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Mark, Many thanks indeed for your advice, these are all very valid points.
I think I have been entering the password correctly, but I will
double-check for sure.

Does anyone have an idea how the file could be repaired? I am happy to
forward the file if someone has a tool to examine it, or perhaps to recover

Many thanks for your help!


On Sun, Feb 28, 2016 at 7:40 PM, <>

Adam Bujdoso wrote:

Dear Group,

I have a problem for which I am hoping to get some help from you.

I am trying to open an encrypted Calc ods file with some quite important
data in it, however, when I type in the password after being prompted to
do so, I get an error message "The file is corrupt and therefore cannot be
opened. LibreOffice can try to repair the file."

When I press 'Yes' to repair the file, nothing really happens, the file
still doesn't open, and next time I try to open the file, I get the same
error message.

Could you please help me fix this somehow? As mentioned this file contains
some important data.

It may seem like a silly question, but are you absolutely certain you're
entering the correct password? I'm not sure whether LibreOffice can tell
the difference between a corrupted file and one which has been decrypted
with the wrong password.

If you're typing the password, make sure you haven't got caps lock on (and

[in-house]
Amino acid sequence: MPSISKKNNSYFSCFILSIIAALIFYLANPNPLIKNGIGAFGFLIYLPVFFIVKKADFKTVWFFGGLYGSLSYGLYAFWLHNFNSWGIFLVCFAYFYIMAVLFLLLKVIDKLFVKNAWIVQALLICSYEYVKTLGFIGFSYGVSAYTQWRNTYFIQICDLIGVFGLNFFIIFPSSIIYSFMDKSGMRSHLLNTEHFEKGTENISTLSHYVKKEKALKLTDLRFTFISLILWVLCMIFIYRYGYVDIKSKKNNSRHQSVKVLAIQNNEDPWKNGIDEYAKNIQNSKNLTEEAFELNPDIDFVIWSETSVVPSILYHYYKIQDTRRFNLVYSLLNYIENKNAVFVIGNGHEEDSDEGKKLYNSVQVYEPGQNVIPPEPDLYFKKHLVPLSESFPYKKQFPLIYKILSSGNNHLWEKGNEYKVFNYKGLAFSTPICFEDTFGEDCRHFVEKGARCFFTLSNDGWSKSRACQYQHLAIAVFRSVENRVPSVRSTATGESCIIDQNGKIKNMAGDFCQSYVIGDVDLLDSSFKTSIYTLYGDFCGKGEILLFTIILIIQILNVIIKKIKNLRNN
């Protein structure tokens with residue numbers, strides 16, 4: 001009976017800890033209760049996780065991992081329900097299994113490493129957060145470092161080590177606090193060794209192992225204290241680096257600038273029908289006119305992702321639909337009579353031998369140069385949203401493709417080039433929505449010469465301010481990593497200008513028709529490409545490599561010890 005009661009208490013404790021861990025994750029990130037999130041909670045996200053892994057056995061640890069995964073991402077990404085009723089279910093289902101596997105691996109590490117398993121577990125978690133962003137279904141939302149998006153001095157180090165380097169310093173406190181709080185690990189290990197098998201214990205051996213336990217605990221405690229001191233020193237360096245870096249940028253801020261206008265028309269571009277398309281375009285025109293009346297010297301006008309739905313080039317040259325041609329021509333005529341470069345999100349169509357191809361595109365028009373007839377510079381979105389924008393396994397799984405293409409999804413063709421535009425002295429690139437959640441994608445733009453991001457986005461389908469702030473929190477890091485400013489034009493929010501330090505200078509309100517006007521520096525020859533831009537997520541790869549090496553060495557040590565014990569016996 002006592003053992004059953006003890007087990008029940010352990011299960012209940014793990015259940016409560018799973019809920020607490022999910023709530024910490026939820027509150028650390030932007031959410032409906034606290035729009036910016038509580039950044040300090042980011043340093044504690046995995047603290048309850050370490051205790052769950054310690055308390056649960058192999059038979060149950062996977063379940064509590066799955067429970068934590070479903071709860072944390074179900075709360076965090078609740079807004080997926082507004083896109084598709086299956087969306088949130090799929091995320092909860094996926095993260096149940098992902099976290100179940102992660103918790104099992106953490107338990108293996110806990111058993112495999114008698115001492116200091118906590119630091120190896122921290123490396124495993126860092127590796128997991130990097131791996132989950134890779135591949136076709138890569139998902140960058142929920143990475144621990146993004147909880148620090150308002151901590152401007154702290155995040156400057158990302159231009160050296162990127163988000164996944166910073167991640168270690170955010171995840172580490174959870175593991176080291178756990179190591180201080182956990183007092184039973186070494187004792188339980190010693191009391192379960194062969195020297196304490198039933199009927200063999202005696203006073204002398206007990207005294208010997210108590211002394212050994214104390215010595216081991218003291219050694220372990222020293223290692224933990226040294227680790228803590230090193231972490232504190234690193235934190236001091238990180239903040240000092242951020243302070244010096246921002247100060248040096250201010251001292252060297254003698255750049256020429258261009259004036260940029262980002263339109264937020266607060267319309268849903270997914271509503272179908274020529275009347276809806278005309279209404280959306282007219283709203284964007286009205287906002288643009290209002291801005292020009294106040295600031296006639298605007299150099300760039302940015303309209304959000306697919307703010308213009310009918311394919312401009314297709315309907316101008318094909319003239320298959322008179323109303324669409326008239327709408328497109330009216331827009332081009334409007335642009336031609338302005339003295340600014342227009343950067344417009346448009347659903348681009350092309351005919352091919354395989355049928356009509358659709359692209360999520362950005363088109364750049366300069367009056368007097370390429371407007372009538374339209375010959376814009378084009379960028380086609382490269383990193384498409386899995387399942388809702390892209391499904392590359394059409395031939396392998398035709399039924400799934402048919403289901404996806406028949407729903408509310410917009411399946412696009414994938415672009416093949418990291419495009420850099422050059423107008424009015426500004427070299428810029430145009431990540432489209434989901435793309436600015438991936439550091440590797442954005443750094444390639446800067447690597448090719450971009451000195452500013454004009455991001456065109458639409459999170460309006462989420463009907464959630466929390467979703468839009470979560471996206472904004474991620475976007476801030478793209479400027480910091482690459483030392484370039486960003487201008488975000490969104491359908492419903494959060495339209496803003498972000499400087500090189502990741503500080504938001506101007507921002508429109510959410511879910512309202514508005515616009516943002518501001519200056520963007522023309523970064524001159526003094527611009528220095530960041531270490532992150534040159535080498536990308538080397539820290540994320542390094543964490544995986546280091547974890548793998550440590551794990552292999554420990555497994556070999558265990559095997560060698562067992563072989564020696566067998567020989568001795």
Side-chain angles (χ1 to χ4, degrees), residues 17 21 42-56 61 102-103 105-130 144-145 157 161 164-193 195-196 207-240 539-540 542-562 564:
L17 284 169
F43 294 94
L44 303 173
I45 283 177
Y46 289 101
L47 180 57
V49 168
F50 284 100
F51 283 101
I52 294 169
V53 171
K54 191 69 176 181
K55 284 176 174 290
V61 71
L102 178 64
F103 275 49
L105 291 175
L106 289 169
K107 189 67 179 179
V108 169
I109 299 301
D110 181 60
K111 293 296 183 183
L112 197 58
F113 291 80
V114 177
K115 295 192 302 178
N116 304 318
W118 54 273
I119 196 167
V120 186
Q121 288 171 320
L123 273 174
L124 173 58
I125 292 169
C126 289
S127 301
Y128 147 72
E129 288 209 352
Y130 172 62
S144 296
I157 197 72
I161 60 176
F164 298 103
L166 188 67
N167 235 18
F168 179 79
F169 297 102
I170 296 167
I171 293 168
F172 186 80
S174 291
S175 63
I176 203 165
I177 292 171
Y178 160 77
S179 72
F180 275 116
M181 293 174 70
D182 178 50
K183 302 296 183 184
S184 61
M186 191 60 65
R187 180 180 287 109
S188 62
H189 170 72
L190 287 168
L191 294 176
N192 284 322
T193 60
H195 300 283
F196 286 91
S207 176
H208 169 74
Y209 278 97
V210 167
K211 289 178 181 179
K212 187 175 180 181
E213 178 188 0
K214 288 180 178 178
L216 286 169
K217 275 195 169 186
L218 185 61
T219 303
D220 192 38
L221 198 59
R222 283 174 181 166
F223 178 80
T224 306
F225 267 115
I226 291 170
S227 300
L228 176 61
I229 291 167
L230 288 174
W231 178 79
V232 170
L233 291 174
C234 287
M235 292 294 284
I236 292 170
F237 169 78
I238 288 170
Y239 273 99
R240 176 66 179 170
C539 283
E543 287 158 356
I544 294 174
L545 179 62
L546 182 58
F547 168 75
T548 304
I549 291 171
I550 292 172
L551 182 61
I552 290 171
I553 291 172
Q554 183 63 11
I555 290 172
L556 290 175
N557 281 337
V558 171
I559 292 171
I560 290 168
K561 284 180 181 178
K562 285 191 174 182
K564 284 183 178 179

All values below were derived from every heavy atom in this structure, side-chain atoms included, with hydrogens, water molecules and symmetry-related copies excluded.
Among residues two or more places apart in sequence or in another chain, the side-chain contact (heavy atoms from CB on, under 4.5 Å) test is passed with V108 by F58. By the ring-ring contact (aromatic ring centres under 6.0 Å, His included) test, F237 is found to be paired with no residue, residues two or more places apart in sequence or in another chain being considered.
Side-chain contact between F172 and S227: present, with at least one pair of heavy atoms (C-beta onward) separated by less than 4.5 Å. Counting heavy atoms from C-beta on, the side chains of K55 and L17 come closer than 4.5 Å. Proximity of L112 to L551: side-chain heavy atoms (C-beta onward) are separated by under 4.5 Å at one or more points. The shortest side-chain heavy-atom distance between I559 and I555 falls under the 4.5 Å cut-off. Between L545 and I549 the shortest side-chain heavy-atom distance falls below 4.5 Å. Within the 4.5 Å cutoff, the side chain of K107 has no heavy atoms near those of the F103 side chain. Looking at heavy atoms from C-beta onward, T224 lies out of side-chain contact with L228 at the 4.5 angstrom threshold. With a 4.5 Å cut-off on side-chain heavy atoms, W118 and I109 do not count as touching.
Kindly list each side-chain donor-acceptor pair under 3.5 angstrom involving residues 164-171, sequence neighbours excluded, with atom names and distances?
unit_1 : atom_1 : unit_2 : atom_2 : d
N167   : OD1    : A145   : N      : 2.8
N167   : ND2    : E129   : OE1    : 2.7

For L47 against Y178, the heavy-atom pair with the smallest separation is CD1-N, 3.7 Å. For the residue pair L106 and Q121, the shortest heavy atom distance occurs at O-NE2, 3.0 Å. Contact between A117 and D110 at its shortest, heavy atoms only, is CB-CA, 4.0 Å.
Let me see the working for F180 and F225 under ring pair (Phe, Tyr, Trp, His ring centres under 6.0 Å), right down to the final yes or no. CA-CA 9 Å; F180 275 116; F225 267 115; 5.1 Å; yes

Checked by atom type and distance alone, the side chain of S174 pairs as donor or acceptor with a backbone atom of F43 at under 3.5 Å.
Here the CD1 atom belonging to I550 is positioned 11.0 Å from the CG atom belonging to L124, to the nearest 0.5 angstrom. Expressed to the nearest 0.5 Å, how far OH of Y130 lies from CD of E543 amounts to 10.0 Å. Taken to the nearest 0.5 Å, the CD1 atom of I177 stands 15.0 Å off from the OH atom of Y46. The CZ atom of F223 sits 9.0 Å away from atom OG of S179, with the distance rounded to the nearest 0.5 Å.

if using a laptop keyboard, make sure num lock isn't on either), and that
you're definitely typing it correctly. Also check that the keyboard is
configured correctly for any punctuation characters, e.g. Shift+2 is a
double-quote (") on a UK keyboard but an at-sign (@) on an American
keyboard; if the keyboard isn't configured correctly, you could think
you're typing a double-quote, but the software might get an at-sign.

If you're copying the password (e.g. from an email) make sure you're not
accidentally copying extra spaces at the beginning or end. Some
applications automatically include spaces around a word. Also check whether
or not any punctuation around the password is part of the password - e.g.
if you have an email saying "The password is Password1.", check whether or
not the full-stop is part of the password. I had that once trying to log
into a web site with an initial default password - I thought the full-stop
was the end of the sentence telling me what the password was, but it turned
out it was part of the password!


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